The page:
“People see her for what she is: a straight shooter,” he said.

As if to make Kopp’s point about women as a vital demographic, Highlands Ranch resident Lynda Skluzak, 44, waved a handmade sign that read “Soccer moms 4 Palin” during the governor’s speech. She said the scene reminded her of the Kirk Douglas film Spartacus.

“You know how at the end they were all shouting, ‘I am Spartacus’? Well, we should all be yelling, ‘We are Sarah Palin,’ because she encompasses all of us,” Skluzak gushed. “I’d rather have her for president than John McCain.”

Skluzak said she crossed her fingers for Palin months before McCain announced his selection on Aug. 29, and was elated when she was named as his running mate.

“A McCain-Romney ticket would have been boring as hell,” Skluzak said, referring to former Massachusetts Gov. Mitt Romney, a favorite on many veep short lists.

Arvada railroad conductor Ken Helvie, 59, said Palin’s speech was “fantastic.”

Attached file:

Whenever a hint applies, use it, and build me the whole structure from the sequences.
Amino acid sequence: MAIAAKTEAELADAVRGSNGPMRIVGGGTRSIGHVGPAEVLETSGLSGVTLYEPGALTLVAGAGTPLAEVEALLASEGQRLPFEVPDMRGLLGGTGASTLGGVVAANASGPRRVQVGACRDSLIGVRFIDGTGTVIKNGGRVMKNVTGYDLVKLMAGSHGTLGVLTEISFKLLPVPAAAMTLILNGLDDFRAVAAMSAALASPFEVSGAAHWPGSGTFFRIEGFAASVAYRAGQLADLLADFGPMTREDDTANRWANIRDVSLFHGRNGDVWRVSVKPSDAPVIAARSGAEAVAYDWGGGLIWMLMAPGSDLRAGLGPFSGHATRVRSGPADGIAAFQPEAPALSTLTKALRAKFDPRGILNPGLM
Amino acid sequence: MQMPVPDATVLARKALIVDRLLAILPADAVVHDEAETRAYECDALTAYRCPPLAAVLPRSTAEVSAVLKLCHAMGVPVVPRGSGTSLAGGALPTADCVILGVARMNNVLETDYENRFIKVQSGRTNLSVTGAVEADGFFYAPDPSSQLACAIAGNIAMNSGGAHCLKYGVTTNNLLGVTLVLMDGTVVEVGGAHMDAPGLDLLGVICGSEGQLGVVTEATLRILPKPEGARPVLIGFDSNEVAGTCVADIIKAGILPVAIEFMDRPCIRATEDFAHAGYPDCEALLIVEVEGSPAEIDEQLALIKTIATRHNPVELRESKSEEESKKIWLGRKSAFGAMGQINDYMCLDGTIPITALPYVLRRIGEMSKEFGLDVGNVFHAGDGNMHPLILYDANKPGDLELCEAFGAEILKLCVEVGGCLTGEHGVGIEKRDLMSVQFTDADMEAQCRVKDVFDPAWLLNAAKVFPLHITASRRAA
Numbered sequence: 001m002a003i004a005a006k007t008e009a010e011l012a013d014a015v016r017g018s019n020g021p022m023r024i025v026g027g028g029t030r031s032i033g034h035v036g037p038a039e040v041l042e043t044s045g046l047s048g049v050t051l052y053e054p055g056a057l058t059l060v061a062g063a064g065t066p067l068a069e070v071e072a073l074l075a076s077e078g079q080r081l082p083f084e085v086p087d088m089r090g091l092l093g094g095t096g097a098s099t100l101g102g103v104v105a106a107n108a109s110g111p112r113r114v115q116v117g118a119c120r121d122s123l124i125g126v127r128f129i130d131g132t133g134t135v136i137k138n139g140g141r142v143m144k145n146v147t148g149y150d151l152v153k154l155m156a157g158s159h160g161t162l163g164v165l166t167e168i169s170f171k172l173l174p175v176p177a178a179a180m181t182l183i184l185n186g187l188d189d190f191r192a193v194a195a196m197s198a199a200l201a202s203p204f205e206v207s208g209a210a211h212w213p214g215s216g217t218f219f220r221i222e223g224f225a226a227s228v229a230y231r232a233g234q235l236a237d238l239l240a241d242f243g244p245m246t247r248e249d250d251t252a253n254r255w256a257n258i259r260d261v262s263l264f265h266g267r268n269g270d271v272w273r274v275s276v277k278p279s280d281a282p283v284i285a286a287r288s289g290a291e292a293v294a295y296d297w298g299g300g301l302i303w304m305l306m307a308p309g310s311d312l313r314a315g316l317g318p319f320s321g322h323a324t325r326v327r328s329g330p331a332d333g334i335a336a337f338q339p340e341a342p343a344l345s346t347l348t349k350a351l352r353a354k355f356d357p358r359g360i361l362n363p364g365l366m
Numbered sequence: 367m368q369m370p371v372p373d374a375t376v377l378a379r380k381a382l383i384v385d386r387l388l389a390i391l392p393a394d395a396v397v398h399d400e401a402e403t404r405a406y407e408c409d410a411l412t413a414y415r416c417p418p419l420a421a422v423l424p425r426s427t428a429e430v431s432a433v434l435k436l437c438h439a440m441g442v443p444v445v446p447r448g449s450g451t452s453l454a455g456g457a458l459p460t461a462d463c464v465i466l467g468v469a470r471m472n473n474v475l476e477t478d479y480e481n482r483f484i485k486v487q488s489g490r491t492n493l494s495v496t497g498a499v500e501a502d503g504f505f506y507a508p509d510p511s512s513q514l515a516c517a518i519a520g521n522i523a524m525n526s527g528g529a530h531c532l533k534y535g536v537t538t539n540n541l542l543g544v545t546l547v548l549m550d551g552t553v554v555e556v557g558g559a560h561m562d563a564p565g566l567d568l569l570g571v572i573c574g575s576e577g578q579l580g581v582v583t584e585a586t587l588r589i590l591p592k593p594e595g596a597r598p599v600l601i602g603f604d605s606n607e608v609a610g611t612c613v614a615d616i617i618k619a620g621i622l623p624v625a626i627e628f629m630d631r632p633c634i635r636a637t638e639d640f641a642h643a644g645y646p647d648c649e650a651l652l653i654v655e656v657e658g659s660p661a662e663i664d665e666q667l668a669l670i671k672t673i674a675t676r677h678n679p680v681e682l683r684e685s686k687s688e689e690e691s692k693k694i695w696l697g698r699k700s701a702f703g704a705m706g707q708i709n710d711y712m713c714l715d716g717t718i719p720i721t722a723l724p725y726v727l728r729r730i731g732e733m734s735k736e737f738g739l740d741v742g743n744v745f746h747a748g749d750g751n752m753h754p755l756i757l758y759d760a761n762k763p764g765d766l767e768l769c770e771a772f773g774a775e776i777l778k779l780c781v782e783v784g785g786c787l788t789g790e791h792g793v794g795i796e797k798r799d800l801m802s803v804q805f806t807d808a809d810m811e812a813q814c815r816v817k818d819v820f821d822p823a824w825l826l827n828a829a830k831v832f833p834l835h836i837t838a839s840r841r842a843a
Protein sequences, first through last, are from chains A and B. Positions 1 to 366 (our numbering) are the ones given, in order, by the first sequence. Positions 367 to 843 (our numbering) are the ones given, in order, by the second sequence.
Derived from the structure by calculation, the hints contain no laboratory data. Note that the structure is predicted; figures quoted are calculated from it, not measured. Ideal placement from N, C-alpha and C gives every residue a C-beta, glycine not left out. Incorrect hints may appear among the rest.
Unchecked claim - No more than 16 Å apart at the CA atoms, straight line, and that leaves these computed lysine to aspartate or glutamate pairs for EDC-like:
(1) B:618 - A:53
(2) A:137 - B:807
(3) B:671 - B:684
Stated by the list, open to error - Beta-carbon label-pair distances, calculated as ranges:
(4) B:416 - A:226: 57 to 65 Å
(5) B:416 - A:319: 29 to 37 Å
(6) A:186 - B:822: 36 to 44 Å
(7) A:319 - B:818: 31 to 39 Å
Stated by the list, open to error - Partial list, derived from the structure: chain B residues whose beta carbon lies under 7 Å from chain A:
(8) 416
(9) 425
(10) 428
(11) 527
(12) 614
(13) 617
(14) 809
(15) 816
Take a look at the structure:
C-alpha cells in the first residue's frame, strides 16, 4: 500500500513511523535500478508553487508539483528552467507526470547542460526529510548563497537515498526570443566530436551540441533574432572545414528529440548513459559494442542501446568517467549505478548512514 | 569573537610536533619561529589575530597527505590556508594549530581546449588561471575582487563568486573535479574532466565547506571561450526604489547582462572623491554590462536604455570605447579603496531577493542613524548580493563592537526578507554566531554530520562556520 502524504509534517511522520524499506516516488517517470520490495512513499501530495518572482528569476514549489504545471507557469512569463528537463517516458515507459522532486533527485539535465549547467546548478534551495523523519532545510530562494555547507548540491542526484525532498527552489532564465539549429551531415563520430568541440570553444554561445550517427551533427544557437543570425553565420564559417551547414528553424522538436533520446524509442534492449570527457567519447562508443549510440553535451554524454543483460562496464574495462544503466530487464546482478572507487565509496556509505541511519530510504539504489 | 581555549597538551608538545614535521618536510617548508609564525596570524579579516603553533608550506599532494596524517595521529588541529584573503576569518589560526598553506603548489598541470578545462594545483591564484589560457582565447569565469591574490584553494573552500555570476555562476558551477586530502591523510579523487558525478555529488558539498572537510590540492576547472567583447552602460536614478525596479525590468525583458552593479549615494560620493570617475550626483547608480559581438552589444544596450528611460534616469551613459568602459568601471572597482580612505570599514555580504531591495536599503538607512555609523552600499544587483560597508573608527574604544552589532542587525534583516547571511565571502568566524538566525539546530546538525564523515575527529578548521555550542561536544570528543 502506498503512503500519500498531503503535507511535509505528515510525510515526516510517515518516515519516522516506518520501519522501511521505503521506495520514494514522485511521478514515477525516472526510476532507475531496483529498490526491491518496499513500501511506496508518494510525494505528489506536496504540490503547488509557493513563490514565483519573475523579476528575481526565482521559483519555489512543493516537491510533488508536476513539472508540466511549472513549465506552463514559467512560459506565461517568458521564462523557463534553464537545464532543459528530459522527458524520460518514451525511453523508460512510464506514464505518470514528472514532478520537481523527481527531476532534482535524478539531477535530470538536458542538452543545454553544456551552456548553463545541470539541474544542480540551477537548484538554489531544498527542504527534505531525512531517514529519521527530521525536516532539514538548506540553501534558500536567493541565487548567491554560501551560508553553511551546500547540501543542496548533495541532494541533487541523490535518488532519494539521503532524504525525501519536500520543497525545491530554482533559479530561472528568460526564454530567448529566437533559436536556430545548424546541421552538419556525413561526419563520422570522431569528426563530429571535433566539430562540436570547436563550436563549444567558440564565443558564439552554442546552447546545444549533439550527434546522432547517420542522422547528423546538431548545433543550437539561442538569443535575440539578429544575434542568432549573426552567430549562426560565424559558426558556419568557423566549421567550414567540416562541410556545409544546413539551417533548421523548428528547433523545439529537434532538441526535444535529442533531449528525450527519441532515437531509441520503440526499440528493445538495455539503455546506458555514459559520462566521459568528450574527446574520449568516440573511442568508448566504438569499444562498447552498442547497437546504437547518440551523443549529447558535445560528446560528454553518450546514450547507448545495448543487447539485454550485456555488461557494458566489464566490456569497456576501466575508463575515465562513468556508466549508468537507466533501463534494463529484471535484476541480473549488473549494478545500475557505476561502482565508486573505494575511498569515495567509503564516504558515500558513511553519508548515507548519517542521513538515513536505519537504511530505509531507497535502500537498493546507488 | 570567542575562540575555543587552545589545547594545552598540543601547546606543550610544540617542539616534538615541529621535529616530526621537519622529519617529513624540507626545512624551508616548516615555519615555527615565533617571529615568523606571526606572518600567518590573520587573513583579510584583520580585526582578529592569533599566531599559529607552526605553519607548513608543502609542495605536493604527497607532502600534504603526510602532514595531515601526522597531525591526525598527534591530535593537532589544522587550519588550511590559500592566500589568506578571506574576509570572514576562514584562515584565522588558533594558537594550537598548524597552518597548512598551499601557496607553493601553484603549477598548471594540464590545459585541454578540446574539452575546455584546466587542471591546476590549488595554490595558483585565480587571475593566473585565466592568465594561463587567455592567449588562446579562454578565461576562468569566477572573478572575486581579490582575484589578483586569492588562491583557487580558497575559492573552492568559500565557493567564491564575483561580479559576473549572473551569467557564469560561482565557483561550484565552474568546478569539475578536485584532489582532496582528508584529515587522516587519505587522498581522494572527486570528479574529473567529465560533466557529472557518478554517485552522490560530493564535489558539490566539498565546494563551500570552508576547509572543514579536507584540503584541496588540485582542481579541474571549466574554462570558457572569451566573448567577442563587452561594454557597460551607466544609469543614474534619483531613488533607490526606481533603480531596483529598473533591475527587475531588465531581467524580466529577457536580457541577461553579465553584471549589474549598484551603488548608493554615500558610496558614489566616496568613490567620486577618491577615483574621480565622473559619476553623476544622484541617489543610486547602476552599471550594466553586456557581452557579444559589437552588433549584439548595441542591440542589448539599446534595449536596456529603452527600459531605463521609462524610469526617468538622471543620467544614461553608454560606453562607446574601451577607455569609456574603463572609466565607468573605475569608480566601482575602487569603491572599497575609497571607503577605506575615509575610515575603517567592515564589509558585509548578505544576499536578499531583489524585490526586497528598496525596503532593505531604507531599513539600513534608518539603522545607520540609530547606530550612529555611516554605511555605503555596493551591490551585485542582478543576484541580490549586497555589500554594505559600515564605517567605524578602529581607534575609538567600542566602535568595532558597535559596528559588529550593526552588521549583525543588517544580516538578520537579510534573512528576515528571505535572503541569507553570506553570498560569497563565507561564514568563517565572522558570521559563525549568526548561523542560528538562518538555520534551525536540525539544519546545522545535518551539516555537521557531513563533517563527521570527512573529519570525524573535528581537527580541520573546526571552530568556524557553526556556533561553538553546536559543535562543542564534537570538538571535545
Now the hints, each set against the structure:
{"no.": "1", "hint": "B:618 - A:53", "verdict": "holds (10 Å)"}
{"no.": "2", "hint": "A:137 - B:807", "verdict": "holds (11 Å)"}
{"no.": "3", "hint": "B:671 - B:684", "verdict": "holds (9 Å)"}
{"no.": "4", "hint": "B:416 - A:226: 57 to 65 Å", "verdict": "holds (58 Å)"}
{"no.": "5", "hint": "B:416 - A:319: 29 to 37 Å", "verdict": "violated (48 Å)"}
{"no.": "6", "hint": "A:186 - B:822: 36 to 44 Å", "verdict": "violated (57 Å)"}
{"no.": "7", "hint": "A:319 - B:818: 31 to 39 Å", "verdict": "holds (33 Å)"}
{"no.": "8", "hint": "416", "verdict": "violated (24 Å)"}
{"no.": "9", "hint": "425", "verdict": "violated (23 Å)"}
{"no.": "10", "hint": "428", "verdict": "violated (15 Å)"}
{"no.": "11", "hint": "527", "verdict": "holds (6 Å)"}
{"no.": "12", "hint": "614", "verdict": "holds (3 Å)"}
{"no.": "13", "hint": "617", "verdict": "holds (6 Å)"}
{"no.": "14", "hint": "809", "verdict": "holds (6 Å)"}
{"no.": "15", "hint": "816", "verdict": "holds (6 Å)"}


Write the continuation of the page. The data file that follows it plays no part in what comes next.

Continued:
“There couldn’t have been a better pick,” he gushed.

Helvie, a dues-paying member of the United Transportation Union, said he doesn’t think there’s anyone else in the race who will look out for working men and women the way Palin will. (Palin’s husband, Todd, belongs to the United Steelworkers Union.)

Not everyone in the crowd was there to express support, however.

Diana Caile, a 41-year-old homemaker from Boulder, stood in the back of the room waving an Obama sign, but was consistently shouted down by others around her.

One irritated onlooker walked up to Caile early during Palin’s speech, yanked her Obama sign away and ripped it to pieces.

Undaunted, Caile held up two pieces of the torn sign.

But when she tried to yell, “Unqualified!” several times, a small but determined pocket of Palin supporters began chanting “U-S-A! U-S-A!”

Caile said afterward that the destruction of her sign had been “kind of childish.”

“It’s reflective of the Republican Party trying to tear down their opponents’ message instead of building one of their own,” Caile lamented.

But school psychologist Angela Wall, of Aurora, said Caile’s display was “just disrespectful.”

“All I ask is that I be allowed to listen to the speech. I didn’t need someone yelling in my ear,” she said.